Second gentleman Douglas Emhoff, the spouse of Vice President Kamala Harris, asked GW Hillel to put together an interfaith celebration for Rosh Hashanah, the Jewish New Year. The group did, and five George Washington University students joined 10 others from D.C. area colleges at the vice president’s residence at the Naval Observatory for the interfaith celebration last Thursday.
GW Today asked the GW students—Juan Carlos Mora, Gianna Cook, Hailey Waldman, Natalie Chervel and Harrison Braver—to share in their own words what the experience on Thursday was like.
“It is not every day that you step into the Naval Observatory, let alone meet second gentlemen Douglas Emhoff. And yet, what I took away from our interfaith celebration of Rosh Hashanah was not just a conversation or object; it was a feeling. Despite being a Latino Catholic, I think I will always remember how distinctly warm and welcomed I felt when I sat down in a circle that included rabbis, student government leaders, Jewish student leaders and student leaders of other faiths. I learned that Rosh Hashanah, in addition to marking the Jewish new year, is an opportunity to look inward and ask for forgiveness. As Rabbi Dan Epstein [from GW Hilllel] noted in our conversation, this ethos is not found only in the Jewish faith. It's a universal principle: love thy neighbor as thyself. Or as I embarrassingly shared with the group, the second formulation of Kant’s categorical imperative. I will forever cherish the second gentlemen’s commitment to bring people together in the hope of reinvigorating empathy in the American body politic."
--Juan Carlos Mora, senior, Columbian College of Arts and Sciences
“Speaking with second gentleman Emhoff at the vice president’s residence was absolutely inspiring. I felt so welcomed into his home and being able to discuss how faith is so prevalent in our lives, not just personally but as a country, was truly impactful. The authentic, relatable nature of the conversation surrounding faith caused me to think about the ways we as leaders should lead with empathy. One of Mr. Emhoff’s points that stuck with me is that he and Vice President Harris have always been public servants with deep faith and are just honored to think of more ways to provide space for those to learn from one another through this kind of discourse. As we discussed the importance of the [Jewish] New Year[rm1] through the celebration of Rosh Hashanah, I reflected upon the new journey and identity that we as a country will take, the deeper we engage with our individual faiths as a collective. I was sincerely moved by the conversation we had and empowered to be confident in my faith identity as I lead.”
--Gianna Cook, senior, Columbian College of Arts and Sciences
“Meeting Douglas Emhoff was my #onlyatgw moment. I was so excited but nervous to be there, but his demeanor made it easy to relax. At GW Hillel, we have been focusing on empathy, which drove the discussion today. I think one of the most interesting discussions we had was when we were talking about the text ‘love your neighbor as yourself.’ Not only is it an important text in Judaism, but it was evident that this text was insightful in both Christianity and Islam. This then led to a discussion regarding values and social justice where Mr. Emhoff brought up the importance of abortion and reproductive justice. Last week, we had a reproductive justice Shabbat, and we talked about the relationships between Judaism and abortion justice. Hearing Mr. Emhoff describe how his Judaism has impacted him in fighting for rights for all was an inspiration and admirable.”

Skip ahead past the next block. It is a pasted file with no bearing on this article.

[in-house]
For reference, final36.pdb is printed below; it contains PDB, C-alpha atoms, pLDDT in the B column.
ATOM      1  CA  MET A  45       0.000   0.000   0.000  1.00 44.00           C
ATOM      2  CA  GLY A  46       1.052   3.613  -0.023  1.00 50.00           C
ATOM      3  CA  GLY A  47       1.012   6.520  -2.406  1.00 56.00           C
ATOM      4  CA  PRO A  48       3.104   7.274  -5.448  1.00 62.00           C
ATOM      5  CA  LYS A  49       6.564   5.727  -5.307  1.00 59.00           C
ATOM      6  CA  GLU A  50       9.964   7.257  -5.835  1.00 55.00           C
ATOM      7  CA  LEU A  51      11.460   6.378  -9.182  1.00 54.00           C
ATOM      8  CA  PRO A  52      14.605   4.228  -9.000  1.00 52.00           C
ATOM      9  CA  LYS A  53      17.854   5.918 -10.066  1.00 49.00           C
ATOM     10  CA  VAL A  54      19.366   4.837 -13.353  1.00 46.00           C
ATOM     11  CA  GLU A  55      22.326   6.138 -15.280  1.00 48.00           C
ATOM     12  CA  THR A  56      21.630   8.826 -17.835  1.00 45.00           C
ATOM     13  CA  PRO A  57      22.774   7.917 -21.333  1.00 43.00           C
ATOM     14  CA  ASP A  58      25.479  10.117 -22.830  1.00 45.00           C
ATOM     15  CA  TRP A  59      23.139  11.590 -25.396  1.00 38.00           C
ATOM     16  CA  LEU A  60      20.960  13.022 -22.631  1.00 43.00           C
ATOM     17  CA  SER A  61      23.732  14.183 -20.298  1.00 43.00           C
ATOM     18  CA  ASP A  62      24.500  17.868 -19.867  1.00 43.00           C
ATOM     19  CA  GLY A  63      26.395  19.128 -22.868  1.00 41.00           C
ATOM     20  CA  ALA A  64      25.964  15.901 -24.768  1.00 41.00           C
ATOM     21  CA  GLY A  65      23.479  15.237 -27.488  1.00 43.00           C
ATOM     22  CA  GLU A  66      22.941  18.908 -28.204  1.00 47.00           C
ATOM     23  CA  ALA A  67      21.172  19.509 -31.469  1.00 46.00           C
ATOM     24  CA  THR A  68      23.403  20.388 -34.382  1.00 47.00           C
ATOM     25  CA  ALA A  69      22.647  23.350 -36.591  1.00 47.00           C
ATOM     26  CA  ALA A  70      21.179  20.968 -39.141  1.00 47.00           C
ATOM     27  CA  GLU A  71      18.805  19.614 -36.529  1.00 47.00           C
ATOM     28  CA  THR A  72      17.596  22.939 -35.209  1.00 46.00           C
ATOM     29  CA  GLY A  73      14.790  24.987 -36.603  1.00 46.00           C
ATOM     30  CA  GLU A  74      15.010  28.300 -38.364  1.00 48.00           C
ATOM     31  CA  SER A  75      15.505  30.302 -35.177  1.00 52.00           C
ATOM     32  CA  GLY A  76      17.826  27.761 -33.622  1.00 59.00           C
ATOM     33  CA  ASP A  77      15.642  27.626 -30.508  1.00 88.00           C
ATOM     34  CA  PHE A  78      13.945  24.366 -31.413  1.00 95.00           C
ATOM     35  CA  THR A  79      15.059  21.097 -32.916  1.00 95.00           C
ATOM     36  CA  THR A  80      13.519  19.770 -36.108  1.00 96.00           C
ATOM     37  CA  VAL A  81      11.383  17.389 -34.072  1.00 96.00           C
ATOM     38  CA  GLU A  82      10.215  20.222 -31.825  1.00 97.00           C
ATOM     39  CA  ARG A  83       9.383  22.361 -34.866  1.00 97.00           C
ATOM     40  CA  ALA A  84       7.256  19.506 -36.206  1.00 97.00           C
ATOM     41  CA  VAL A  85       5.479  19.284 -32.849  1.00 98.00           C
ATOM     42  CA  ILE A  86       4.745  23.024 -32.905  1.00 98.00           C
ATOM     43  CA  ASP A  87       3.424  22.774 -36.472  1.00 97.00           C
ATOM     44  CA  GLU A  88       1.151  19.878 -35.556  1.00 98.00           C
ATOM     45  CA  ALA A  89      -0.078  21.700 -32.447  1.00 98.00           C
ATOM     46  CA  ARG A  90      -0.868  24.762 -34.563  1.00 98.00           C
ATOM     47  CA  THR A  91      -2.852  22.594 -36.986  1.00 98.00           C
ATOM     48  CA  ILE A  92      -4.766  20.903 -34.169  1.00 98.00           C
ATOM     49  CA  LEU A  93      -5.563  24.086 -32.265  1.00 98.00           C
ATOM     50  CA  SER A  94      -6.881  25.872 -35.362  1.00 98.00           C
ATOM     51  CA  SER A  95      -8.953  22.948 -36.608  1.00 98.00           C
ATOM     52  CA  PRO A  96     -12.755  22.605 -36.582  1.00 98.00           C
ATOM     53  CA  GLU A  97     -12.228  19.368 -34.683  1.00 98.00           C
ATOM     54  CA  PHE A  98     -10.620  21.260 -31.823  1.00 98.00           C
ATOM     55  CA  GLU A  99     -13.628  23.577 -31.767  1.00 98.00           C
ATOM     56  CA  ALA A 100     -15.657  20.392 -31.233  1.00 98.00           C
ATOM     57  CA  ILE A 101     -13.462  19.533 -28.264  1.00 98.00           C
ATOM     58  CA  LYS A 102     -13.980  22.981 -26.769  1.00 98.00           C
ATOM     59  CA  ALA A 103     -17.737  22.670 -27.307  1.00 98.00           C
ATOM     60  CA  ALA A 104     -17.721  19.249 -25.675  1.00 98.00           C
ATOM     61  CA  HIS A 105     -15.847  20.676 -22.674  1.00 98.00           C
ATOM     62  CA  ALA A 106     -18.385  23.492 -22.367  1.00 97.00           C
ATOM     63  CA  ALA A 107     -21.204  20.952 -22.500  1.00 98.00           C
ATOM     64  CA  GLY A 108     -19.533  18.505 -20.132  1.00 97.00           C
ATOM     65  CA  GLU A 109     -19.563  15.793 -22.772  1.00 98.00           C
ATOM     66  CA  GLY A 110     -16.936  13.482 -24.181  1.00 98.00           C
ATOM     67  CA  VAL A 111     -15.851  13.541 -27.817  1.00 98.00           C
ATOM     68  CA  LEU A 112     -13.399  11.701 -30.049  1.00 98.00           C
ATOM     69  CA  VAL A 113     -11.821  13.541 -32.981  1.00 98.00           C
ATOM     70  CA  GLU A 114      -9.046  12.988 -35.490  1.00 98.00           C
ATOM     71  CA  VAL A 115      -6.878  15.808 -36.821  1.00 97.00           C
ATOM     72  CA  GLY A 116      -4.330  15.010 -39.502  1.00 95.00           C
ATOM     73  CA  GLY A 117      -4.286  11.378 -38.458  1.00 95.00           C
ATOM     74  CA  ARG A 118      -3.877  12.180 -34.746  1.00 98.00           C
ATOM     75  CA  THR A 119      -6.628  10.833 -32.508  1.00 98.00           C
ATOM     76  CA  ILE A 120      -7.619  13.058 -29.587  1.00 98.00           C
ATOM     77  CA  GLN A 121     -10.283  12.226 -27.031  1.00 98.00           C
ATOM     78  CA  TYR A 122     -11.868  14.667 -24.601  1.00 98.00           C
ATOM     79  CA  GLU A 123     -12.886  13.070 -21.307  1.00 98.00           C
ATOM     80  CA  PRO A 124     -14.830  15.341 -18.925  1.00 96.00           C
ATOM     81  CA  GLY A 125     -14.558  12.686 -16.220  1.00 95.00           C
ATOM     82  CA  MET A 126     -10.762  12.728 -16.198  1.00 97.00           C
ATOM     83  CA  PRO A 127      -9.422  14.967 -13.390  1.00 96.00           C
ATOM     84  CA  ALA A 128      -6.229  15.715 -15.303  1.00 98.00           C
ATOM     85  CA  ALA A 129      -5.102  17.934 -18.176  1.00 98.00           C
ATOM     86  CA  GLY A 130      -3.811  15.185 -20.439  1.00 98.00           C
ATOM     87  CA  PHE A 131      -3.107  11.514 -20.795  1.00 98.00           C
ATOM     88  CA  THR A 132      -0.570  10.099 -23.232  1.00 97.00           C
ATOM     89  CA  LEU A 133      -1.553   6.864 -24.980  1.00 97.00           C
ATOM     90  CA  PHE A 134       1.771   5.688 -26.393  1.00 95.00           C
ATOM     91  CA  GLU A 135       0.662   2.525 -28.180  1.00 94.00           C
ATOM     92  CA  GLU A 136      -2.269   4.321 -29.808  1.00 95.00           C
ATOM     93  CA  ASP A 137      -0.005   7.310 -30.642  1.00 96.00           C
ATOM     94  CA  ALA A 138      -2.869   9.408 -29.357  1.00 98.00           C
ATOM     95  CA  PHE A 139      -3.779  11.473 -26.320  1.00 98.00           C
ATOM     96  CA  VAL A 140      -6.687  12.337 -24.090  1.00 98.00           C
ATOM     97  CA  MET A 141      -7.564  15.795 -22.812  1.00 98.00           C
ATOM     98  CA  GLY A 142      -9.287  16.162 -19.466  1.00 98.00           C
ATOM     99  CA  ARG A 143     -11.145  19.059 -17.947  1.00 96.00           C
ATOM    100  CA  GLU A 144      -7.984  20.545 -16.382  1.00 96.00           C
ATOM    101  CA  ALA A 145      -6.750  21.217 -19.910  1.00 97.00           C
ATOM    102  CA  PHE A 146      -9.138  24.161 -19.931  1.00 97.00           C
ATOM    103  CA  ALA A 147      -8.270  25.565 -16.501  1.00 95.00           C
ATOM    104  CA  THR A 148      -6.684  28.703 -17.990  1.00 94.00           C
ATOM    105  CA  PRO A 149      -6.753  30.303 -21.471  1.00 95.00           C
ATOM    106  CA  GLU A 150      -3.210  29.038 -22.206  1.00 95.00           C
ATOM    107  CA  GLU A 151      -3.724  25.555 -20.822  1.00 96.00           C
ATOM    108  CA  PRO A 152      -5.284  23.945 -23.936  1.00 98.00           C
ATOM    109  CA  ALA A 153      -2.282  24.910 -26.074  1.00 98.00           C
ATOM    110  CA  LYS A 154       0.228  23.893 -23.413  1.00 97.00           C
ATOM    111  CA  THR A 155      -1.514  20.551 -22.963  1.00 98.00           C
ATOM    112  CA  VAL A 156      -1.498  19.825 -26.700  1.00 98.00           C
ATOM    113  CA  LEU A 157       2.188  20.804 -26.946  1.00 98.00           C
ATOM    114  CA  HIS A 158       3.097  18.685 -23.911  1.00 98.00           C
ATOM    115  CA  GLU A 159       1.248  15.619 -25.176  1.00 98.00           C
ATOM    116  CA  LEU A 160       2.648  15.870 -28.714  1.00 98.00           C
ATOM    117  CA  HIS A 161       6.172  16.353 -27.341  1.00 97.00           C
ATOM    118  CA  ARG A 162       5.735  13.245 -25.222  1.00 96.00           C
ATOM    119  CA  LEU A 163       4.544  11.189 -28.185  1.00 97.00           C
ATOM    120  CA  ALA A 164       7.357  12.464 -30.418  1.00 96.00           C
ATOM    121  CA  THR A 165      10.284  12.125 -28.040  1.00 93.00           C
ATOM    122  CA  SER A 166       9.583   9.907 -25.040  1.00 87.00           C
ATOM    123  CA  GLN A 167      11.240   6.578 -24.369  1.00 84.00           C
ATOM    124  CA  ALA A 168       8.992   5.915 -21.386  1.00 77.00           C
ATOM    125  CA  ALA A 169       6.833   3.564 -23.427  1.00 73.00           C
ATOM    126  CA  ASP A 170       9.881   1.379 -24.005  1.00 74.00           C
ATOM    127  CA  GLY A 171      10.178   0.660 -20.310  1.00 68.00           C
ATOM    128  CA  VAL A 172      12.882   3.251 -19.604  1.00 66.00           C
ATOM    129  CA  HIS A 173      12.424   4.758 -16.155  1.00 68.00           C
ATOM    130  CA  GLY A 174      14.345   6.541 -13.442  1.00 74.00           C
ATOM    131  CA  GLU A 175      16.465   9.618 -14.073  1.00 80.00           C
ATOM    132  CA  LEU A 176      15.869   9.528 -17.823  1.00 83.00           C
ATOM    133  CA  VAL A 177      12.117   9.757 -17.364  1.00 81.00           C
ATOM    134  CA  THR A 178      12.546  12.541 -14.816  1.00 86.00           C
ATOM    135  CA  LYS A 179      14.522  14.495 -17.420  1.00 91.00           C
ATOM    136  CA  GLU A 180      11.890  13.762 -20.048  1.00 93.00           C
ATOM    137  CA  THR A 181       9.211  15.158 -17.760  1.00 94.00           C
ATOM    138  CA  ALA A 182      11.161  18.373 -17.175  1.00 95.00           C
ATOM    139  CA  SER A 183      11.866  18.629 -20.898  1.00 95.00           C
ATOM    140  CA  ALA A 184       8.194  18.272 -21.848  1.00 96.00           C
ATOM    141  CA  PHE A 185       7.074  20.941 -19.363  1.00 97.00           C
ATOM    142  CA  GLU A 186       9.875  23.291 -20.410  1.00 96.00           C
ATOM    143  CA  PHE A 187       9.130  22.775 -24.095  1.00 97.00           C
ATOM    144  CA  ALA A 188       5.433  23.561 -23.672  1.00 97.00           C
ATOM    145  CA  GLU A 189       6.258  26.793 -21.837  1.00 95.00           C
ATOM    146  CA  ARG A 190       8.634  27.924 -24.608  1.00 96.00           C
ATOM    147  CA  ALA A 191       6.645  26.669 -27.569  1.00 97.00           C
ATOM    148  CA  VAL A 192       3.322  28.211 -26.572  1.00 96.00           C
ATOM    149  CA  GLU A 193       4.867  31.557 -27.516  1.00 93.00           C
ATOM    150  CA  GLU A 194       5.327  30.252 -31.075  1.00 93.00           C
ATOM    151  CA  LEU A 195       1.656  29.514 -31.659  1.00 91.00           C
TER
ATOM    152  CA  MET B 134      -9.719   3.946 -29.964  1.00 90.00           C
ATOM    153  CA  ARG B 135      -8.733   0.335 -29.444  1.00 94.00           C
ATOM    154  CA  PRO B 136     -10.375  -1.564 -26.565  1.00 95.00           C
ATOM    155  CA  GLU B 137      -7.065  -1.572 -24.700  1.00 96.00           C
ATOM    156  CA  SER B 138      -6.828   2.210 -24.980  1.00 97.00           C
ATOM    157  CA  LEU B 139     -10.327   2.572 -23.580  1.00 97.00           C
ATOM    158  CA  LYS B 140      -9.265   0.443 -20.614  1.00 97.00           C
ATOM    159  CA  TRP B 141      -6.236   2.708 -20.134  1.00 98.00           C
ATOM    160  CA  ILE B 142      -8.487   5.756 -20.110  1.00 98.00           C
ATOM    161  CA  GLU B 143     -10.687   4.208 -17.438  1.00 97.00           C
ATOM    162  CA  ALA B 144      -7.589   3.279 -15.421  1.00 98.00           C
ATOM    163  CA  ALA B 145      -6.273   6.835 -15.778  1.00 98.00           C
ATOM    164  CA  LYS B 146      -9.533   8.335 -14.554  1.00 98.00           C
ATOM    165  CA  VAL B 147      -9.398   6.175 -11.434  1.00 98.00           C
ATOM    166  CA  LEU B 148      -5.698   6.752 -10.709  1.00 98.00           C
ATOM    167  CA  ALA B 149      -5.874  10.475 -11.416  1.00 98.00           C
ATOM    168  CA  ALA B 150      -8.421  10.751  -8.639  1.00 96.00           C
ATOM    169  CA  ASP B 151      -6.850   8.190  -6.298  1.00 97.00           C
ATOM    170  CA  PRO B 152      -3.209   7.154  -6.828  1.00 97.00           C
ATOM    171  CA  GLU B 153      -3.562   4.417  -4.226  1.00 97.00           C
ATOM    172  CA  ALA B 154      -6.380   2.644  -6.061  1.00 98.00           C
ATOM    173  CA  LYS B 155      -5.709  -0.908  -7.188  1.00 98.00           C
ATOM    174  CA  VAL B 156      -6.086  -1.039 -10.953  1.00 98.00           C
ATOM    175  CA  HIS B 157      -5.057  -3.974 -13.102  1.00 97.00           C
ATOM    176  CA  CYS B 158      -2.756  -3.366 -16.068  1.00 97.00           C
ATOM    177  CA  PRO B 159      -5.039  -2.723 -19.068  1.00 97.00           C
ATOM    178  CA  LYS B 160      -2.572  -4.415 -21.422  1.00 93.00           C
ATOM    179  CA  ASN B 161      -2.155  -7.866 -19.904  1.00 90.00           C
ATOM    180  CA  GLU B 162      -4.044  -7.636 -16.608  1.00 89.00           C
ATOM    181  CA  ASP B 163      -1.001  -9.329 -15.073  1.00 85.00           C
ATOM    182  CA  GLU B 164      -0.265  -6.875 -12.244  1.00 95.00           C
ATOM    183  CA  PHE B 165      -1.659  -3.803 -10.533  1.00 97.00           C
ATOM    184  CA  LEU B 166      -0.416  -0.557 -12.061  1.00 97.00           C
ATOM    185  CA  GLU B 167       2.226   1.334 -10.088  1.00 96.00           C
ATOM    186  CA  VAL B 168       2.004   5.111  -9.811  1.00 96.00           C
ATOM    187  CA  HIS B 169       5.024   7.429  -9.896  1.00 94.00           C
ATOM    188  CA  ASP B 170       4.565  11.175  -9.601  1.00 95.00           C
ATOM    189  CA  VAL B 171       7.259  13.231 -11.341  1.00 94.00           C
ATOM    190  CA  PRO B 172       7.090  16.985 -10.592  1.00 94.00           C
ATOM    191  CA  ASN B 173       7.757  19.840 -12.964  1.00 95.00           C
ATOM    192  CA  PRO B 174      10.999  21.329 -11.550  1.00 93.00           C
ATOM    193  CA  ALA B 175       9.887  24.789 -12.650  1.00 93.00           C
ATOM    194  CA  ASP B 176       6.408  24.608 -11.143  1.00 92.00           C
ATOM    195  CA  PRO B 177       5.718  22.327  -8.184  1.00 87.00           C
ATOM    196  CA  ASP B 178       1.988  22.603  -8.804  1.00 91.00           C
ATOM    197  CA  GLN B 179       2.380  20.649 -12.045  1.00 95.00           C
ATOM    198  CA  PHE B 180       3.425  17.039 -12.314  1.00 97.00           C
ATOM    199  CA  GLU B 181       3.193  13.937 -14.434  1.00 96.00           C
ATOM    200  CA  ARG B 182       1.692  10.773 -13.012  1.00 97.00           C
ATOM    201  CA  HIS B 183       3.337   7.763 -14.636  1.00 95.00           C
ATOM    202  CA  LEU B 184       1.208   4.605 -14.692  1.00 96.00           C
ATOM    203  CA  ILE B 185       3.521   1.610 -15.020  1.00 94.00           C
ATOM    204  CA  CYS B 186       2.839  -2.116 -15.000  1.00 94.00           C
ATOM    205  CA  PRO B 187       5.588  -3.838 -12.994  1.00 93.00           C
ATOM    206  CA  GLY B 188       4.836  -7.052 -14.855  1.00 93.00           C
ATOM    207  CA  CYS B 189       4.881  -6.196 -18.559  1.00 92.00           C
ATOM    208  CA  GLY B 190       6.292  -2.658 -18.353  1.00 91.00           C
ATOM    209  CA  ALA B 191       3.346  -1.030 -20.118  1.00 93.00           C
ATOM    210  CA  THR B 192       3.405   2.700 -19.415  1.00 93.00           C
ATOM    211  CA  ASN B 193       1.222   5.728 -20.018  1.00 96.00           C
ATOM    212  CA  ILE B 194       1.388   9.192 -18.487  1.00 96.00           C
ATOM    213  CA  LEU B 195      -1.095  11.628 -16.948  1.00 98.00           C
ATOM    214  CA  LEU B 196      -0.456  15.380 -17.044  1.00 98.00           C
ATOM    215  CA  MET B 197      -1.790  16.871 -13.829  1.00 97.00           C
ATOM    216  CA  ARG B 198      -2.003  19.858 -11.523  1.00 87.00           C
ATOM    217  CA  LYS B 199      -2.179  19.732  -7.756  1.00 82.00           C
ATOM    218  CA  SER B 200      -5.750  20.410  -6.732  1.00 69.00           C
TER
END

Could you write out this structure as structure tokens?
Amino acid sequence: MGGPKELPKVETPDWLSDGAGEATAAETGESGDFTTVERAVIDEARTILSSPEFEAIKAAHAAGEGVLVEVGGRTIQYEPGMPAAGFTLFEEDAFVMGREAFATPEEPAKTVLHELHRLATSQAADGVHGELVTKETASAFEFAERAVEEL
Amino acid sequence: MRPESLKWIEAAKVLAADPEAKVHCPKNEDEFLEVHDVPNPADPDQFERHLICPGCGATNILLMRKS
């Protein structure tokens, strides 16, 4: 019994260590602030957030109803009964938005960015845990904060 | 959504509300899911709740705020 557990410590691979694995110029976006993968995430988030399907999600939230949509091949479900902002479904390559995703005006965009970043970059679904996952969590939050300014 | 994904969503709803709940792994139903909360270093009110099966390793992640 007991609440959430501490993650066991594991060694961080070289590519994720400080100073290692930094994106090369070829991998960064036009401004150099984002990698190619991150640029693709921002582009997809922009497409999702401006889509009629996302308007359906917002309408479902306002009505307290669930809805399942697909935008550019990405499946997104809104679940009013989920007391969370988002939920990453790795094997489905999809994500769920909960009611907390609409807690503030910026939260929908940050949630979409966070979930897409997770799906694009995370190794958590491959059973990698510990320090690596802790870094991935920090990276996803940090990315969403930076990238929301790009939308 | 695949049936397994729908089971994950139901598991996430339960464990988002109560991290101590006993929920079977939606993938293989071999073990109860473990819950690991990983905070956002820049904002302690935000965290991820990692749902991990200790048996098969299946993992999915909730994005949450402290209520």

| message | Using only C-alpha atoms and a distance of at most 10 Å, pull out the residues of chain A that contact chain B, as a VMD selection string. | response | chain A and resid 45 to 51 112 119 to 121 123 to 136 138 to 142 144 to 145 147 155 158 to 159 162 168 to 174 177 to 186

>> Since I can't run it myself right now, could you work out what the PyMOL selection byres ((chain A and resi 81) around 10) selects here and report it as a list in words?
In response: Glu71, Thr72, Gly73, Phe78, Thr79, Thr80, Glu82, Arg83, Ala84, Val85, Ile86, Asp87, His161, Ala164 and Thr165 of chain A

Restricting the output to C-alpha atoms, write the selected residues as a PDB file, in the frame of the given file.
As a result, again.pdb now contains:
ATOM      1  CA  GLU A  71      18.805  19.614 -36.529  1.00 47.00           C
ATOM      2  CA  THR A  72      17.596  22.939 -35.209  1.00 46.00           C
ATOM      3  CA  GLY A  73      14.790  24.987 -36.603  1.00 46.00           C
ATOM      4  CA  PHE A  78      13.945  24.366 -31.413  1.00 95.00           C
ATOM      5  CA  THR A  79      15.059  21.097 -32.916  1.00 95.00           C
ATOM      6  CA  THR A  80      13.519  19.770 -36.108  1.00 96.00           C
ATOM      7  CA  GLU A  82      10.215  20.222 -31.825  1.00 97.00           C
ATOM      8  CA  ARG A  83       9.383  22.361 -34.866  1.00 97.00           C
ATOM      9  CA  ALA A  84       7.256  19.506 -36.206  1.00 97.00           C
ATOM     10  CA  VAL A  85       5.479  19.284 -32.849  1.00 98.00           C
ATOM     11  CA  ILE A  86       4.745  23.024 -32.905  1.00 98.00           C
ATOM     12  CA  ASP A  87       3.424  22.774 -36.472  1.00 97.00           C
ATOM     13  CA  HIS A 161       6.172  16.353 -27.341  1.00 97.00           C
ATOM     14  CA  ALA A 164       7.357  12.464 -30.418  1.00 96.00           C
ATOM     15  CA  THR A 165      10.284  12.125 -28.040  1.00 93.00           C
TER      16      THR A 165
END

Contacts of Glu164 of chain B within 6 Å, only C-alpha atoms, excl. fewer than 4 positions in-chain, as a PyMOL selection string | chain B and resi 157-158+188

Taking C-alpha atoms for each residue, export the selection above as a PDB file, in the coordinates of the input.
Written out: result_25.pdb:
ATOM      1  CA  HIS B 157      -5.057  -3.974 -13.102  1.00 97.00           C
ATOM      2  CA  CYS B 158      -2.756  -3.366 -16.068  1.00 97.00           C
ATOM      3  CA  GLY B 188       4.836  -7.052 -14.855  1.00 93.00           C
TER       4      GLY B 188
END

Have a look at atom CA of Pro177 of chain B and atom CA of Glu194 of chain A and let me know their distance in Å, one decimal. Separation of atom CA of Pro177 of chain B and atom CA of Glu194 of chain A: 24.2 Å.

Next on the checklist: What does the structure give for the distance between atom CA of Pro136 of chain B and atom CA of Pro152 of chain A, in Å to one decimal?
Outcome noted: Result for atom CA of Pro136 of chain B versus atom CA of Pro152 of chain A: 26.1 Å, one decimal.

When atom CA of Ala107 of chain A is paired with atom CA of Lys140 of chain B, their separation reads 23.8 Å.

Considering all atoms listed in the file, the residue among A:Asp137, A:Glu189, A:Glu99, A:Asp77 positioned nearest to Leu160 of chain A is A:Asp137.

--Hailey Waldman, senior, Milken Institute School of Public Health
“I am very grateful to GW Hillel for giving me the opportunity to attend this Rosh Hashanah interfaith event at the second gentleman’s residence. As Rabbi Dan went over the centrality of empathy and love in the Torah, I was reminded once again how much unites us. As a Catholic, my faith is such a profound gift and the reason I am who I am today—and it all started when the Lord revealed Himself to me through the word Love (Agape). As I sat in the United States vice president’s living room, surrounded by humans of all faiths and backgrounds, I felt such deep gratitude for the opportunity to live in this country. It is here that I am able to share the Truth with others; that ‘loving your neighbor’ is the commandment that unites us all. The blowing of the shofar at the end of such a beautiful conversation, and the hanging of the mezuzah by Mr. Emhoff, was an experience I will never forget.”
--Natalie Chervel, senior, Elliott School of International Affairs
“Meeting with second gentleman Douglas Emhoff at the vice president’s residence is easily my ‘only at GW’ moment. His compassionate, humble character allowed for a truly heartfelt discussion surrounding empathy. We discovered as a group just how prominently empathy is rooted in our various faiths, and it opened our eyes to seeing just how similar our values are, though stemming from different religious sources. Mr. Emhoff stated how important it is to him, under his role, to bring together interfaith communities and find common ground in a world where so much chaos ensues. This discussion provided me with hope that there are highly influential individuals within our political system, such as Mr. Emhoff, who care about much more than just simply pleasing their respective political party. He has demonstrated that he cares about community. Mensches like Mr. Emhoff are committed to creating a world where everyone, regardless of political or religious affiliation, is treated equally and with immense respect. Politicians around the globe have much to learn from Mr. Emhoff, and I am ecstatic to see his pledge in bringing more interfaith communities together come to fruition.”
-- Harrison Braver, senior, Columbian College of Arts and Sciences